Department of Computer Science

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Welcome to the Department of Computer Science
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Overview

Create challenging and cutting edge computing career possibilities by earning a Bachelor of Science in Computer Science or Software Engineering.

Montana Tech professors are experienced in the industry and have broad academic interests. Low student-faculty ratio allows close interaction with these professors on real-world projects. Enjoy easy access to lab computers and state of the art equipment and development platforms (Sun Fire Server, NAO H25 humanoid robot programming, Android app development, iPad app development, and much more).

Students graduate with practical experience designing, building, testing and maintaining software systems. Graduates are in high demand. The department has maintained 100% placement in well paying positions for over 10 years. Check out the rest of our website to learn more about these ABET accredited programs.

 

Three New Programs

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gracehopperThe Computer Science Department is pleased to announce three new programs. In conjunction with Montana Tech's Statistics program, we now offer a B.S. in Data Science. We also have Graduate Certificate in Computational Science and a new minor in Computational Science. Please look under Degrees and Options for links to these and our other programs.

 

Keith Bocian's Internship at White Sands Missile Range

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I’m Keith, a Computer and Data Science student at Montana Tech. I was fortunate to land an internship at White Sands Missile Range (WSMR) during the Summer of 2017. I found a place on craigslist, and got in my car with my dog and drove down to Las Cruces, New Mexico. The hiring process was somewhat delayed, so it wasn’t until around the middle of June that I was able to start work. Honestly, the pay was just okay, but the technology and experience of working at WSMR were terrific. Las Cruces also has great Mexican food, and is only 20-30 miles away from Hatch, New Mexico, which is famous for its green chile.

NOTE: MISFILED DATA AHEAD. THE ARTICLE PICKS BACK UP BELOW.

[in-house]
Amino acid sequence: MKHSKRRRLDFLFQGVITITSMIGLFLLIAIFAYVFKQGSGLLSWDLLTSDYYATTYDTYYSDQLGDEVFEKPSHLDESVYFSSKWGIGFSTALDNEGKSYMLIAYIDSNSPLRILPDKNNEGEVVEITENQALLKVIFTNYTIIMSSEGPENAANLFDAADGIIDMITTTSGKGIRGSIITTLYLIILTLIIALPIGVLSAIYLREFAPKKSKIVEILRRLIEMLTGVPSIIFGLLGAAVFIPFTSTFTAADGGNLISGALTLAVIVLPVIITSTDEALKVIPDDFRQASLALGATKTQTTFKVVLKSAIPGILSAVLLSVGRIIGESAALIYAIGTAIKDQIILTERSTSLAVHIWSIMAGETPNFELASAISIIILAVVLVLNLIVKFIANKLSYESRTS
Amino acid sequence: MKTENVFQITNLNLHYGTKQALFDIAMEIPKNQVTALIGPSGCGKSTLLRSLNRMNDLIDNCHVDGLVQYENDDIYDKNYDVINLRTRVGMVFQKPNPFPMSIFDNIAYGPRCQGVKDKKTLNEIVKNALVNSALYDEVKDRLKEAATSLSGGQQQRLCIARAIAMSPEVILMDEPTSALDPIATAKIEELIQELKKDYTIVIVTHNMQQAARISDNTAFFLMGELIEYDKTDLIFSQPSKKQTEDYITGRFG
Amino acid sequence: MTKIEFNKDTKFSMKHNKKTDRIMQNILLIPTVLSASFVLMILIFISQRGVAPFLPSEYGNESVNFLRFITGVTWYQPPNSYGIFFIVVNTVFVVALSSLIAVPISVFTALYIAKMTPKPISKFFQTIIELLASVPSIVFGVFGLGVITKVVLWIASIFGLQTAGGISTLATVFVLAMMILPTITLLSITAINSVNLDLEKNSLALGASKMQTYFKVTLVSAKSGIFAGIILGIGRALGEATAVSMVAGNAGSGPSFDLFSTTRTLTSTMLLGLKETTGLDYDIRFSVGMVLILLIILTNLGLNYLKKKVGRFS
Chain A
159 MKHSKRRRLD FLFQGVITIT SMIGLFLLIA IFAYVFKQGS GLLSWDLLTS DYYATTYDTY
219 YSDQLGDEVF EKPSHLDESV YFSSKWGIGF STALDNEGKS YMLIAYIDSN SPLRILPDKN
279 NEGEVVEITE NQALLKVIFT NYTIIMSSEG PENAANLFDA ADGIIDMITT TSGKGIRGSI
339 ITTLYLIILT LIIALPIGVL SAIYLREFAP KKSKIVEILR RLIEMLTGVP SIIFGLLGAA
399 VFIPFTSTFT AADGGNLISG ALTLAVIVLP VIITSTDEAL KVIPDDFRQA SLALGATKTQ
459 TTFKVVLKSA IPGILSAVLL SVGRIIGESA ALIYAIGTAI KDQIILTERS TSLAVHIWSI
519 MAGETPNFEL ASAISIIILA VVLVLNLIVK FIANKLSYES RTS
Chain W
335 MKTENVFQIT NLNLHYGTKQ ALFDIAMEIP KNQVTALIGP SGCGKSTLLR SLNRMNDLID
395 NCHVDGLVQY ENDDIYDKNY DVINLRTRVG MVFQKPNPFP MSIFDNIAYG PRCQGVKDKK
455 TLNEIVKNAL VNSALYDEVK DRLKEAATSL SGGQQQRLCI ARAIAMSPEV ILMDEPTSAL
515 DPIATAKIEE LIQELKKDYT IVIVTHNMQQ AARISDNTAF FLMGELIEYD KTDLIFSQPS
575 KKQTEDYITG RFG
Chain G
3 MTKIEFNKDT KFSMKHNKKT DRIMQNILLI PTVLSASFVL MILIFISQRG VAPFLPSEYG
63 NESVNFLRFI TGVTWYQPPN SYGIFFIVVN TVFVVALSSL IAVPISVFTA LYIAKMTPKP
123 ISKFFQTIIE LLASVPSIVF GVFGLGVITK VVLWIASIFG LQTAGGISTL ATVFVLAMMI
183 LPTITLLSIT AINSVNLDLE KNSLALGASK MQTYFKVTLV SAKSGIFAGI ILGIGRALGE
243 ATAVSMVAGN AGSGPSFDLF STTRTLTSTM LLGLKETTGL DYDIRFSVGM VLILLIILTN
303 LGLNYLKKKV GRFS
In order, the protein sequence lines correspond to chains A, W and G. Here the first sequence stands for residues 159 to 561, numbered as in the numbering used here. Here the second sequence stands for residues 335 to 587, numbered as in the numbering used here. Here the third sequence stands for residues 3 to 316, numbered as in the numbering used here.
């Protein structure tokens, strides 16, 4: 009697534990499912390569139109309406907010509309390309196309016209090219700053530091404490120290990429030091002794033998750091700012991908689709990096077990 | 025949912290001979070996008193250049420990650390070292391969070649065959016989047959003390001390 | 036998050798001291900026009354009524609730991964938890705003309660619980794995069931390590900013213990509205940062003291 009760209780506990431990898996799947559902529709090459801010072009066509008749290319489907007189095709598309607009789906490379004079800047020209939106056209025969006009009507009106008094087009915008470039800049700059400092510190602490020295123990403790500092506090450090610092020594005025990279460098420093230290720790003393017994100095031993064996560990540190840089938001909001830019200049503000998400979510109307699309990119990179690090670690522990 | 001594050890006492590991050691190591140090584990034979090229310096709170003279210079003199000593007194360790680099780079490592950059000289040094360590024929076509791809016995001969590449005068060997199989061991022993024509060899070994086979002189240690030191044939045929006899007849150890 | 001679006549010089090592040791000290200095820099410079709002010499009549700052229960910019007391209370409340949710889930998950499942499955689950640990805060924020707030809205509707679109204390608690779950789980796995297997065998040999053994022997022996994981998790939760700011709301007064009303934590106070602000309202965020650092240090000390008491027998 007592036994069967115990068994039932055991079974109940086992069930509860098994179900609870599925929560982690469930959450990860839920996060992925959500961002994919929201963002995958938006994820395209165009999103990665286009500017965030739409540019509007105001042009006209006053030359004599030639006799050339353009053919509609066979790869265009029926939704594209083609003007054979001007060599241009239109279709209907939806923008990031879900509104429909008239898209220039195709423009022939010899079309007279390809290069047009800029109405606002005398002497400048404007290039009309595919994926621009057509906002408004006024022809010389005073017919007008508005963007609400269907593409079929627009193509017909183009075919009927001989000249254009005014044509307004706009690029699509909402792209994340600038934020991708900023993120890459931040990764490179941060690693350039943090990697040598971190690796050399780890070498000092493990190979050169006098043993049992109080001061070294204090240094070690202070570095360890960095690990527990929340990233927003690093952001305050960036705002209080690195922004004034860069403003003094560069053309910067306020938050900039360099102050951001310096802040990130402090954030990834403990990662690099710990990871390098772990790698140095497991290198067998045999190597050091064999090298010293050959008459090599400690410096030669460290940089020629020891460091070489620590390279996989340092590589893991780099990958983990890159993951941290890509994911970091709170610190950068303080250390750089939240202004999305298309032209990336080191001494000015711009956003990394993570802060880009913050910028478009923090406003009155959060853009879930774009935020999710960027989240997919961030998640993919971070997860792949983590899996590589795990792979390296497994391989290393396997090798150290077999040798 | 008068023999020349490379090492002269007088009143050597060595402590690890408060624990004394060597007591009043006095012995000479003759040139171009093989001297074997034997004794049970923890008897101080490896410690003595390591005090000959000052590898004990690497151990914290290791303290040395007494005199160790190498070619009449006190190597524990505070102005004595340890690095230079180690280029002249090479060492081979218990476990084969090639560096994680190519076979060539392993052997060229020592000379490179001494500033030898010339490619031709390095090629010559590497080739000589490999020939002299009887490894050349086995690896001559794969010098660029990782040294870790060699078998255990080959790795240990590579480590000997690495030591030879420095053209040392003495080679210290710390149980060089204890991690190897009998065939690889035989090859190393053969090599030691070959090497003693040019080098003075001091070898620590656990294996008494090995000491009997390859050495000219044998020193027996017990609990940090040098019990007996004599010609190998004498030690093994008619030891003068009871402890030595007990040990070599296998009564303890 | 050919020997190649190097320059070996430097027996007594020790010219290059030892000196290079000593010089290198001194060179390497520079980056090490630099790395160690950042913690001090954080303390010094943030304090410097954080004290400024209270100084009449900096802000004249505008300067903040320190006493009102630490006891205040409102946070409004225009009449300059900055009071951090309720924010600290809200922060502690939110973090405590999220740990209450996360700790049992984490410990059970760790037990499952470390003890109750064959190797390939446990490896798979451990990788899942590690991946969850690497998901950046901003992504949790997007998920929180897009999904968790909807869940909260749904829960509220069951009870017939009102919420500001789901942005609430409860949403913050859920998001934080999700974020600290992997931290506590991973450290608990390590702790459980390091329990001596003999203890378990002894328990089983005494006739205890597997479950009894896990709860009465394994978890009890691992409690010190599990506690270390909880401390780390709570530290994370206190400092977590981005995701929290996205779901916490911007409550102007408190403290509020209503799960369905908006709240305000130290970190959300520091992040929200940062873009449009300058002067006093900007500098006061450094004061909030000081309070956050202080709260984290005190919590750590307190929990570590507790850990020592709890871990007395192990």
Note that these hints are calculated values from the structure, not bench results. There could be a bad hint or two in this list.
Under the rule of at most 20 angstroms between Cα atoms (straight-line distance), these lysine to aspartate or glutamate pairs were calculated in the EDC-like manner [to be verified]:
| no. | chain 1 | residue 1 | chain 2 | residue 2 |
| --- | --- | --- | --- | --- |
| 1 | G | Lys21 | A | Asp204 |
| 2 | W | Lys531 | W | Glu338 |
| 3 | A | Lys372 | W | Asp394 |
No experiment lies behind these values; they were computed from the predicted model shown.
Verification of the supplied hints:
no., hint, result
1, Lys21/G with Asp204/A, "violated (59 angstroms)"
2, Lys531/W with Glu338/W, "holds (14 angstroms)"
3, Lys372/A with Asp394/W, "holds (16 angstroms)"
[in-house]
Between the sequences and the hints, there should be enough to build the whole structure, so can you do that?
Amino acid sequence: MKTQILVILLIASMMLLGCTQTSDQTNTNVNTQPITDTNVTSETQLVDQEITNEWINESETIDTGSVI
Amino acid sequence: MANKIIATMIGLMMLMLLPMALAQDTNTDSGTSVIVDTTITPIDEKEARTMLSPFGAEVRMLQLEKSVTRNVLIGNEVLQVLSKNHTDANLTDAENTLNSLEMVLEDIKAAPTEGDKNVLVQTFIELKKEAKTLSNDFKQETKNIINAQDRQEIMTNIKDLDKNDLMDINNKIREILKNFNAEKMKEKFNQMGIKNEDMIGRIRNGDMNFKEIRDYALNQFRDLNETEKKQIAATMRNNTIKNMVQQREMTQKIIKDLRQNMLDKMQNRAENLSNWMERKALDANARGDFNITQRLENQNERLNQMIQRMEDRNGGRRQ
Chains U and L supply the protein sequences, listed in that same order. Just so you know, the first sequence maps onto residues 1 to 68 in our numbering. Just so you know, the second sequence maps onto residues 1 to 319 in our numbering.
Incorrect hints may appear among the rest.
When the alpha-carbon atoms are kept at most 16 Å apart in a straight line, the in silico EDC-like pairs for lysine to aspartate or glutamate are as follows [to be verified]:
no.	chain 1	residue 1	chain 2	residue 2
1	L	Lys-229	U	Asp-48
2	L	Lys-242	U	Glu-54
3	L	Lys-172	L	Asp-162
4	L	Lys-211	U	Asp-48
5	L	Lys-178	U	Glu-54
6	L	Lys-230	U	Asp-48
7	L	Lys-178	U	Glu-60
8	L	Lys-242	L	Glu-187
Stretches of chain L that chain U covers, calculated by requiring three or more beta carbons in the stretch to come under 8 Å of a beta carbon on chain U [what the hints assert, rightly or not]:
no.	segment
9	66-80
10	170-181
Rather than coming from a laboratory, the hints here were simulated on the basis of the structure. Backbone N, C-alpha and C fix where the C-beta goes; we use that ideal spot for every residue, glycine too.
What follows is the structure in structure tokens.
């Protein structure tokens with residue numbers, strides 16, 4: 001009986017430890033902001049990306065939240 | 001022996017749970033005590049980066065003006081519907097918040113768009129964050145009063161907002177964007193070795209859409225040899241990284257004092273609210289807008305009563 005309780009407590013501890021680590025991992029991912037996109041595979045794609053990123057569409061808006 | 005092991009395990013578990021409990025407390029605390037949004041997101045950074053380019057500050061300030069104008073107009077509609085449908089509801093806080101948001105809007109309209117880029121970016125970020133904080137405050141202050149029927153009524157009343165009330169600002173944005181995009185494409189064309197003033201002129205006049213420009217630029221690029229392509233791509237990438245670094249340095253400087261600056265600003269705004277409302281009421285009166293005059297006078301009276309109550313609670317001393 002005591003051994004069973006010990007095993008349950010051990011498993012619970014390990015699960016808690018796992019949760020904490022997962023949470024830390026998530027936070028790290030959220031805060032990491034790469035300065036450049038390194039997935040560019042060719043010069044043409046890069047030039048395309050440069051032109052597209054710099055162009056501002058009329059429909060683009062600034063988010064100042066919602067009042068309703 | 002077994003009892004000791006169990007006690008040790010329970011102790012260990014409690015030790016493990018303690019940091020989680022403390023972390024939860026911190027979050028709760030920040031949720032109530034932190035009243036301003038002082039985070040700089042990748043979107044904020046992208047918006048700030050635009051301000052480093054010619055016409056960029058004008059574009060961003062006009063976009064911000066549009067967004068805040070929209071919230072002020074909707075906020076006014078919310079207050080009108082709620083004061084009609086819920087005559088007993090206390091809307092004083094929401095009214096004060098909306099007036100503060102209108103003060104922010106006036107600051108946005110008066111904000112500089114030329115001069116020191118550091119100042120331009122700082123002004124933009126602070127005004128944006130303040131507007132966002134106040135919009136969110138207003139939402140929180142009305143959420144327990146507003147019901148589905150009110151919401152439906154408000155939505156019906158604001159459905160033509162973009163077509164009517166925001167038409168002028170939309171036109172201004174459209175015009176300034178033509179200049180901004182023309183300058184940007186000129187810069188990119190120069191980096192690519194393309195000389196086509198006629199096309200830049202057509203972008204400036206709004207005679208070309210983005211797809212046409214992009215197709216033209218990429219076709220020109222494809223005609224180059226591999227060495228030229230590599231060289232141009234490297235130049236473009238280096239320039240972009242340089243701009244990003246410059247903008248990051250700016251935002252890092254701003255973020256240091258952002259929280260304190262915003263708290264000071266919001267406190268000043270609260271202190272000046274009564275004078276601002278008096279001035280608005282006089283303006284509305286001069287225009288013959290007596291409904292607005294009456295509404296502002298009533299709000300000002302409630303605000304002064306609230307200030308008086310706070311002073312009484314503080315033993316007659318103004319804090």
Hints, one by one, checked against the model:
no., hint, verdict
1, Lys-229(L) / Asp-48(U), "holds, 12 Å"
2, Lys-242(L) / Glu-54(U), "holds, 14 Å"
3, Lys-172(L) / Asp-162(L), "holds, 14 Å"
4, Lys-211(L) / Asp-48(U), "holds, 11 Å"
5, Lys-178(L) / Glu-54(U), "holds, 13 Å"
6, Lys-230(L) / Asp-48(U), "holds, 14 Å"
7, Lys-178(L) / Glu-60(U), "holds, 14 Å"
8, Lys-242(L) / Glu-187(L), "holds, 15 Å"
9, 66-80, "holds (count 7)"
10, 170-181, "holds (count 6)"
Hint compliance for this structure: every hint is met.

During this internship, myself and two other interns used Hadoop to develop a prototype replacement for a Monte Carlo simulation that was taking upwards of three weeks for Range Safety personnel to execute on their computers. The purpose of this simulation is to figure out where large debris fragments will fall after target and intercept vehicles collide during planned tests (often with a cool explosion), with the goal of avoiding damage to personnel and to equipment.

Because the simulation took so long, it introduced a considerable lead time to the White Sands Missile Range test planning process and resulted in some program tests being significantly delayed. At a presentation towards the end of our internship (see poster included alongside this posting), we were able to claim on the order of an 8-9x speed improvement, but additional code that I wrote following this presentation parallelized an additional element of the computational process, allowed for our simulation to run at approximately 20x the original simulation speed on the WSMR High Performance Computer. Our prototype demonstrated the potential to drastically decrease White Sand Missile Range's safety test planning lead time.

Overall the internship was a rewarding experience; we worked on a CENTOS platform, coding primarily in Java. WSMR staff were extremely knowledgeable and made themselves available to assist us when we had questions. It was also great to collaborate with other interns, sharing ideas in person and collaborating via git. I’d like to give a big THANK YOU to the WSMR team, to the Department of Defense High Performance Computing project, and especially to Rick Vinyard, our mentor on this project.

Parallelizing KDAT with Hadoop

 

Terra Miller Interned at DISH Technologies

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Terra Miller, a senior in the Computer Science program recently completed a software engineering internship at DISH Technologies, formerly known as EchoStar, in Denver this past summer. Terra worked closely with a software and embedded team to complete her project for the summer. Her project goal was to create an Android app capable of taking streaming data from a set-top box and display it onto a TV using an Android device. Terra was able to learn many new skills including developing with Android Studio, developing on a Ubuntu box, and learning about TV Input Framework. Terra worked with the Java language primarily but also sporadically used the JSON language.

Even though she had to learn many new skills while doing her internship, Terra was able to use the problem solving skills and technical learning skills she acquired from doing course work at Montana Tech. The biggest challenge during the internship was learning new skills and then having to immediately use these new skills while still under pressure to complete the project on time.

 
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